Transhumanists tend to see religion as a threat. But the movement's appeal is fundamentally religious, a secular outgrowth of Christian eschatology... more »


April 18, 2017

Articles of Note

Should public art be affirmative? Kara Walker makes provocative, monumental works that challenge the idea... more »


New Books

Good monsters, like good art, replace conventional ideas with something weird, troubling, and potentially heroic... more »


Essays & Opinions

A dyspeptic crank? The music critic Virgil Thomson slept through performances, dismissed beloved works, and reviewed his own compositions. Yet he changed classical music for the better... more »


April 17, 2017

Articles of Note

In 1961, a B-list Hollywood figure sought out J.D. Salinger to secure film rights to Catcher in the Rye. Their encounter reads like a "one-act play bound for the theater of the absurd"... more »


New Books

In Making It, Norman Podhoretz, consumed as much by the qualities of failure as by his own success, came to realize what he was against: "losers"... more »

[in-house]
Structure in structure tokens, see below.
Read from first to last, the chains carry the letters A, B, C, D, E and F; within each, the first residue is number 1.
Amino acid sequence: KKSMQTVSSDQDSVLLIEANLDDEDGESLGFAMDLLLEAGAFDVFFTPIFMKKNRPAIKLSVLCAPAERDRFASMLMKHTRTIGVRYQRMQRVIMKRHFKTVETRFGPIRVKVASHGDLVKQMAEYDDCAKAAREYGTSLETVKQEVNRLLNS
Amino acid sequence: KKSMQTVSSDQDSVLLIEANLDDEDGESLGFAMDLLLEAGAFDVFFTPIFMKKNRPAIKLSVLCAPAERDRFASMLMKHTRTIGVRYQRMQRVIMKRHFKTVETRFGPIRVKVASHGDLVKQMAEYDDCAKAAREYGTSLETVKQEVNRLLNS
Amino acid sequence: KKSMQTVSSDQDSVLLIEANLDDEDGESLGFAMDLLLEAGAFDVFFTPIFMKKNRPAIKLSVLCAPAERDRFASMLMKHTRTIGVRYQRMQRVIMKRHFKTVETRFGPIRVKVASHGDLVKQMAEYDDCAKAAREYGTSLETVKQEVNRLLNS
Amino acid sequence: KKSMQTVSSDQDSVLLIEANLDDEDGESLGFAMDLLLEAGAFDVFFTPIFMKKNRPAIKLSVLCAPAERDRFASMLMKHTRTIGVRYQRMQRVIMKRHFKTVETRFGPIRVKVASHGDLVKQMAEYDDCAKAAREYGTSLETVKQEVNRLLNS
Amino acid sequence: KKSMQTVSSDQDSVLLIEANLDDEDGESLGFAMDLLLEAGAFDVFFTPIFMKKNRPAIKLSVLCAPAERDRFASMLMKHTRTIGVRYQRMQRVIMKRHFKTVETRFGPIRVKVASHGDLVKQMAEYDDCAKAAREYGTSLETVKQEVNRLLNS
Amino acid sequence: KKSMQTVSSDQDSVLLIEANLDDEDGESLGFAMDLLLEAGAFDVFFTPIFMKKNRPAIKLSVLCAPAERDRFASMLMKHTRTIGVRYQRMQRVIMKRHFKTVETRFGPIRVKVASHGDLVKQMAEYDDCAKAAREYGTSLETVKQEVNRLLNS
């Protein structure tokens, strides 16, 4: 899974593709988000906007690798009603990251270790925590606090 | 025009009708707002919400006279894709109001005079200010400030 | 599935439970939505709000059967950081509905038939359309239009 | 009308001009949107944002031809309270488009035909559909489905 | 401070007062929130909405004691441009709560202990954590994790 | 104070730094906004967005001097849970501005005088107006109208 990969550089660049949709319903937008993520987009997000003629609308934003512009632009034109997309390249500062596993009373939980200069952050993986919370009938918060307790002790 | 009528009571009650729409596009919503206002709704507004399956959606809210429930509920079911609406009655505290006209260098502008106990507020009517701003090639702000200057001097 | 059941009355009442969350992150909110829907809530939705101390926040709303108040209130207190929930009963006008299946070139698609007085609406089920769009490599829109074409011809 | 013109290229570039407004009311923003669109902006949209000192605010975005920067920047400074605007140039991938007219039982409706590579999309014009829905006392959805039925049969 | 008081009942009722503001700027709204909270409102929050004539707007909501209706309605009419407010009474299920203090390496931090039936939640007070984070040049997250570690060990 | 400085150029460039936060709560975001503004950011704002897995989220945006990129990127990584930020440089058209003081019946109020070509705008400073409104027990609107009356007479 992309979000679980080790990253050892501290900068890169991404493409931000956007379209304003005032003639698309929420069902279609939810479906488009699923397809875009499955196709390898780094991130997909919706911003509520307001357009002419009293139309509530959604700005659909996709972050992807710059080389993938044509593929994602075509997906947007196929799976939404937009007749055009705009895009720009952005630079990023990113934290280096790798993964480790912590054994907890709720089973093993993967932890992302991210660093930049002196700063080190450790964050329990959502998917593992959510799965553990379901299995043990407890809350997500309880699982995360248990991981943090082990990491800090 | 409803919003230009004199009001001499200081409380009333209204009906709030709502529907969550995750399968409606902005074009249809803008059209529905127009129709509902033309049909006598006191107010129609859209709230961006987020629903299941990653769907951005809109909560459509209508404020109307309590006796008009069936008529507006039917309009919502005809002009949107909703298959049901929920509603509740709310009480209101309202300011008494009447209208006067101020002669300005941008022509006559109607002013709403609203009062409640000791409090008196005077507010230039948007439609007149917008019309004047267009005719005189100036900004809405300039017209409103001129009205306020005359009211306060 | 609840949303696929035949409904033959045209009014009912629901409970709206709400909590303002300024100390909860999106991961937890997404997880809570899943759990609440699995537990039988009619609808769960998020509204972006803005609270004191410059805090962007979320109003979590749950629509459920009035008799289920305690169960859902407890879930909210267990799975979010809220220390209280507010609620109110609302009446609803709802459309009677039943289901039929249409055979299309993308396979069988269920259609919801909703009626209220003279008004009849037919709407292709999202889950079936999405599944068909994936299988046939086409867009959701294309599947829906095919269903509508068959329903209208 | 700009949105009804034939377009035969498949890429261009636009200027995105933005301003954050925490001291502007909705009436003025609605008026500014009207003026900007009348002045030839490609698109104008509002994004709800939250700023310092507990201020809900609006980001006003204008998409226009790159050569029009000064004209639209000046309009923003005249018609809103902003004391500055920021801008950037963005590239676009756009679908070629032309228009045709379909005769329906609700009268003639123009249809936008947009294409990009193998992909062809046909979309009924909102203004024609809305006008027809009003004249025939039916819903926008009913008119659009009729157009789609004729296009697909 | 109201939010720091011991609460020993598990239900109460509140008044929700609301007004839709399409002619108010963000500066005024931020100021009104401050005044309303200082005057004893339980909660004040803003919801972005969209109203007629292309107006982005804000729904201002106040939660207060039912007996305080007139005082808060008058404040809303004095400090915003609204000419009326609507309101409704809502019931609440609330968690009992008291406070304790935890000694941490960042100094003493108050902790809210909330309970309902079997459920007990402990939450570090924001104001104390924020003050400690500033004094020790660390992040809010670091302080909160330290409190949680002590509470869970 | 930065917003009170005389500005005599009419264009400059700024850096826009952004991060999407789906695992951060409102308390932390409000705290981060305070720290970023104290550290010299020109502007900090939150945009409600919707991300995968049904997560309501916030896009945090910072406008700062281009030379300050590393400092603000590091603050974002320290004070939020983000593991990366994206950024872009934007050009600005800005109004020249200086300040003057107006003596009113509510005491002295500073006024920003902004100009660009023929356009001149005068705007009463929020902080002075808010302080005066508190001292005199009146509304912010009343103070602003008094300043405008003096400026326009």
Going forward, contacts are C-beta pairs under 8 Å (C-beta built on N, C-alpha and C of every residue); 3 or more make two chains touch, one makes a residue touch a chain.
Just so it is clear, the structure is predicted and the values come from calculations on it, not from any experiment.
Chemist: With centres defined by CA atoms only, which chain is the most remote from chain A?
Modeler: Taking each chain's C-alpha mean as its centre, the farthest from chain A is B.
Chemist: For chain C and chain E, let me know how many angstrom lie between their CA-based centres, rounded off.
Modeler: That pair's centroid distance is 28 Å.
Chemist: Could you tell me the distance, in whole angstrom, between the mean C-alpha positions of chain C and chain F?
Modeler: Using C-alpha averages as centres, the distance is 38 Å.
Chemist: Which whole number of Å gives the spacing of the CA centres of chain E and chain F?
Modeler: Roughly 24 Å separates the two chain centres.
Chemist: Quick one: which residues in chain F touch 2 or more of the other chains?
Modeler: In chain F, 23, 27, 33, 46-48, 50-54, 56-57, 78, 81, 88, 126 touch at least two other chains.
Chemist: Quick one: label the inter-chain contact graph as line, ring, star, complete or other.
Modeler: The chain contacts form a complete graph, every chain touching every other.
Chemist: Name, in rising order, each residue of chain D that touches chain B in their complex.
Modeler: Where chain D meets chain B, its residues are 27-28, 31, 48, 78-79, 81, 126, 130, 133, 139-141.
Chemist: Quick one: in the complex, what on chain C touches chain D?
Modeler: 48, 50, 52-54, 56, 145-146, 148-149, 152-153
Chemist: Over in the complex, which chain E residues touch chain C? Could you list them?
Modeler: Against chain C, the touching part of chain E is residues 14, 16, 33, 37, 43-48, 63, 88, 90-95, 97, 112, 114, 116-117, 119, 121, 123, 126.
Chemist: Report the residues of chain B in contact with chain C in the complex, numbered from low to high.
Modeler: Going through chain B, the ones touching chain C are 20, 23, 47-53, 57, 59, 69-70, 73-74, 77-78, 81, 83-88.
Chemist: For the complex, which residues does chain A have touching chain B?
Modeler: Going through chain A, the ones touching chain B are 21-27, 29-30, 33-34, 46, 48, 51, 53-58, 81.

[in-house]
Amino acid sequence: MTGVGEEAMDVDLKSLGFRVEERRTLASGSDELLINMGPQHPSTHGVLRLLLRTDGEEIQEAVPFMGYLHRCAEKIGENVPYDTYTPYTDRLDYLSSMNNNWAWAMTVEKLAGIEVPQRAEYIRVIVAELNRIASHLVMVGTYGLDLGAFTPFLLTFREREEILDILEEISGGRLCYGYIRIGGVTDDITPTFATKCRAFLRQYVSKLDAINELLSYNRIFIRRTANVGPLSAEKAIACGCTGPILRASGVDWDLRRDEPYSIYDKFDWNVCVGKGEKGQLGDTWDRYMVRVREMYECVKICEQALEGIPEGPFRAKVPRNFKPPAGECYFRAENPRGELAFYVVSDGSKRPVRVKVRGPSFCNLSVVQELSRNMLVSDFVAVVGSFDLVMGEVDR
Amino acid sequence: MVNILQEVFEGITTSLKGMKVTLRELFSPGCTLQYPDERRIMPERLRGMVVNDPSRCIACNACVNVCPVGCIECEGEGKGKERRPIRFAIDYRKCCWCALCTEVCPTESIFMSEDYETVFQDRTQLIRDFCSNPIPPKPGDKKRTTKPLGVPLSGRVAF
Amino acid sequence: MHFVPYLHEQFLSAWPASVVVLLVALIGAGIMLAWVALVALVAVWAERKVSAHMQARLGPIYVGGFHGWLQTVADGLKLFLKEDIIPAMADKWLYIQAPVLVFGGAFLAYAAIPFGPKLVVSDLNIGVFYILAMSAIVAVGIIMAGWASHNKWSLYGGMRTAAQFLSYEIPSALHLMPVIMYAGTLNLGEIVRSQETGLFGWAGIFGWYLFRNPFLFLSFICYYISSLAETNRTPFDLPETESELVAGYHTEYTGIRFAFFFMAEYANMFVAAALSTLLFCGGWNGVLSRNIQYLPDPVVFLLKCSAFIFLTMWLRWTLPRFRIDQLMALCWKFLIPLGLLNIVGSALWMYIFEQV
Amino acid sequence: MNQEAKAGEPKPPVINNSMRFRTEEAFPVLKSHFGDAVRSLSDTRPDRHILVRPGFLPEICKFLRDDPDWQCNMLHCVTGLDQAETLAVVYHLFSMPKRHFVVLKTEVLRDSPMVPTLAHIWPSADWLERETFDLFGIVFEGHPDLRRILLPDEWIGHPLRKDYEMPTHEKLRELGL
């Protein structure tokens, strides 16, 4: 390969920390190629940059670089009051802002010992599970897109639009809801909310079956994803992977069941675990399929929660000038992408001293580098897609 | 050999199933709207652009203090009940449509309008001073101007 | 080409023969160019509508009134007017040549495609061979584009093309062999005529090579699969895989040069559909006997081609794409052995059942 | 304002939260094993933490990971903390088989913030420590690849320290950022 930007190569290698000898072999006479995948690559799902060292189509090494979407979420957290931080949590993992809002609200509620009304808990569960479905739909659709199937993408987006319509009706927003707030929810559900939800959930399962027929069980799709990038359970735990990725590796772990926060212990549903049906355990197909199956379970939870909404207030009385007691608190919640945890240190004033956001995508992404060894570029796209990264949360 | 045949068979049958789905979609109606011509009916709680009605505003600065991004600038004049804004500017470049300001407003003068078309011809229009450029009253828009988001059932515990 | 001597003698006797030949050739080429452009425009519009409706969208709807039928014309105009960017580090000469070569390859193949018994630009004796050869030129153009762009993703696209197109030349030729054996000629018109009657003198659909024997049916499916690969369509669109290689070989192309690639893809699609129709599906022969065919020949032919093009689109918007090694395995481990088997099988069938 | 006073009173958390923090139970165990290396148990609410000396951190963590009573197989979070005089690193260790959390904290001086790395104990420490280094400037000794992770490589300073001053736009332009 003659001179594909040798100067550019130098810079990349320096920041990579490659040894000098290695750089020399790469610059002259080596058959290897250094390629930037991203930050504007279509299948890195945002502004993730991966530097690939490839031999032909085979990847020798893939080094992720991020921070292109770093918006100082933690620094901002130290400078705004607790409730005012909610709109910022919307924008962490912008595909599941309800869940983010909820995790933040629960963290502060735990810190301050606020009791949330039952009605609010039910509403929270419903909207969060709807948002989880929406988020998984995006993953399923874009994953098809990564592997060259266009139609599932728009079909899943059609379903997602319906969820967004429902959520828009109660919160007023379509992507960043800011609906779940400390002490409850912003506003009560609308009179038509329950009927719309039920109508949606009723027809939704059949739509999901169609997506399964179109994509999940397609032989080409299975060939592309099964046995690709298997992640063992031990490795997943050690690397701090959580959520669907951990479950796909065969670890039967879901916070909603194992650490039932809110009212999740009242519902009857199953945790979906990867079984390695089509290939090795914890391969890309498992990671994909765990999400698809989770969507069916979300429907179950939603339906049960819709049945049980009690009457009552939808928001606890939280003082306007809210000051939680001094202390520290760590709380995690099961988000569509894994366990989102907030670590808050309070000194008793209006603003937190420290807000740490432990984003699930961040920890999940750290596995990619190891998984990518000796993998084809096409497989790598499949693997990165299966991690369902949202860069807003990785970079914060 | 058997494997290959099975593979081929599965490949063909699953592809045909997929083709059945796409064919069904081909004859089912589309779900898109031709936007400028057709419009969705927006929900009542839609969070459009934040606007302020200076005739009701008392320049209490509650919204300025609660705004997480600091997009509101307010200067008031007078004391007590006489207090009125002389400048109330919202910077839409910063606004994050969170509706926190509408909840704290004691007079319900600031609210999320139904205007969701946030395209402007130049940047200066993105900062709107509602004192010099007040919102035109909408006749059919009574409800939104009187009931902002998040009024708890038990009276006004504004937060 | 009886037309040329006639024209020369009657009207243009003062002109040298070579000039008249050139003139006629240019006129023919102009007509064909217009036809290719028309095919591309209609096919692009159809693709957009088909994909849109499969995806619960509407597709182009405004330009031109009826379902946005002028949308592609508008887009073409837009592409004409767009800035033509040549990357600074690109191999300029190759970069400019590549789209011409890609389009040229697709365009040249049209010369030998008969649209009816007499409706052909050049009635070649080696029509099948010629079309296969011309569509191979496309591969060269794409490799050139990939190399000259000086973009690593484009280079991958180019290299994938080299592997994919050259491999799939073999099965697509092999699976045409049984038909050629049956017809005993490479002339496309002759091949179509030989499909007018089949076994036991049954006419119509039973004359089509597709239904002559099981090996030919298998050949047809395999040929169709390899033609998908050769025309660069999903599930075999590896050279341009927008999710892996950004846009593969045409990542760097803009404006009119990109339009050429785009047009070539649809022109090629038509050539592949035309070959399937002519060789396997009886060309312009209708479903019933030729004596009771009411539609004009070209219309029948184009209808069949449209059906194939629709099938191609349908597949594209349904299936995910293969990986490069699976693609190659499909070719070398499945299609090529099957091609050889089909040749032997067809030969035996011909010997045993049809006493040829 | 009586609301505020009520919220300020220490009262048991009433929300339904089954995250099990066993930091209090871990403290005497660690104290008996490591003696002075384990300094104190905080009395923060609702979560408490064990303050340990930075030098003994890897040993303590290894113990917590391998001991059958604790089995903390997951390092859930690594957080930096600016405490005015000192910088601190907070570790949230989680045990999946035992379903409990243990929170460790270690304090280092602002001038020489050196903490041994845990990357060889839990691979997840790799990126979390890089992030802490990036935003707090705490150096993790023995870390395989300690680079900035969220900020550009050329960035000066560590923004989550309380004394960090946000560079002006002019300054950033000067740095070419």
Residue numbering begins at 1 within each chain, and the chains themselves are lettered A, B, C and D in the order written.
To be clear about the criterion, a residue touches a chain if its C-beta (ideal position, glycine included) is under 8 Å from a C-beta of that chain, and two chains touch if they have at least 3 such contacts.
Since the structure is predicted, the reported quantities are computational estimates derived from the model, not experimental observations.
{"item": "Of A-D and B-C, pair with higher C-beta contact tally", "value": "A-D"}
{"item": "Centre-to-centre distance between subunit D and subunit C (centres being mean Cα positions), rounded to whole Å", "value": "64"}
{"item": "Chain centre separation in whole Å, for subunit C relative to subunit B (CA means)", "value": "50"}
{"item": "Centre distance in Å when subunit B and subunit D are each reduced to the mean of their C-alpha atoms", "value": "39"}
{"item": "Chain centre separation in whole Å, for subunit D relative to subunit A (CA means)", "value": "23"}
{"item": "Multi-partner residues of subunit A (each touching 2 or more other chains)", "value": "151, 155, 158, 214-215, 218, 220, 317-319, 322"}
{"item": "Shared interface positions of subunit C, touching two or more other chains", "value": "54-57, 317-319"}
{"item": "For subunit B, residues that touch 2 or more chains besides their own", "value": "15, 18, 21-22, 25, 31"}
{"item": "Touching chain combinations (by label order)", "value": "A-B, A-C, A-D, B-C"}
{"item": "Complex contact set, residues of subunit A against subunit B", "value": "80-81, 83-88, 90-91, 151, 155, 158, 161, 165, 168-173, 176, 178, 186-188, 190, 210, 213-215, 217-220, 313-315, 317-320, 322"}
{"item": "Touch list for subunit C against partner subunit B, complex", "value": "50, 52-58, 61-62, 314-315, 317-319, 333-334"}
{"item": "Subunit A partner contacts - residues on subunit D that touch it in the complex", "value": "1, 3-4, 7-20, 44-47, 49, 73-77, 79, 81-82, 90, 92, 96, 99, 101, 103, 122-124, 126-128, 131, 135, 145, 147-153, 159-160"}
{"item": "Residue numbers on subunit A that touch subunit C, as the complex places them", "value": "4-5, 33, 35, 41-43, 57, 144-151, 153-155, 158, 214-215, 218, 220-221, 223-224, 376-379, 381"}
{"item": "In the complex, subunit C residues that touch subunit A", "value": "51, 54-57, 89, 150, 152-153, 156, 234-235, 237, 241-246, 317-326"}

Essays & Opinions

When Empson went East. The literary critic, booted from Cambridge after condoms were discovered in his room, left for Japan and China. It was a professional calamity that proved fortunate ... more »


April 15, 2017

Articles of Note

Conrad Aiken’s poetry is often dismissed as literary “navel-gazing.” But consider his sense of grandeur: His tombstone read “Cosmos Mariner — Destination Unknown”... more »


New Books

How biography works. It isn't merely a mode of historical inquiry, “but an act of imaginative faith,” says Richard Holmes, who has spent his life pursuing subjects through the past... more »


Essays & Opinions

Against celebrity profiles. They’re manufactured, devoid of connection between subject and writer, and fail to reveal the self-delusions and rationalizations that make people interesting... more »


April 14, 2017

Articles of Note

During World War I, the grim task of ferrying the wounded from the front to the hospital often fell to volunteers — an experience that altered literary history... more »


New Books

Jürgen Habermas has devoted his career to the study of democracy. But is his version of it premised on naïve, idealized, unrealistic notions?... more »


Essays & Opinions

What makes a critical judgment true? It's a question that preoccupied T.S. Eliot, whose case for the proper function of criticism is brilliant, angry, and unsatisfying... more »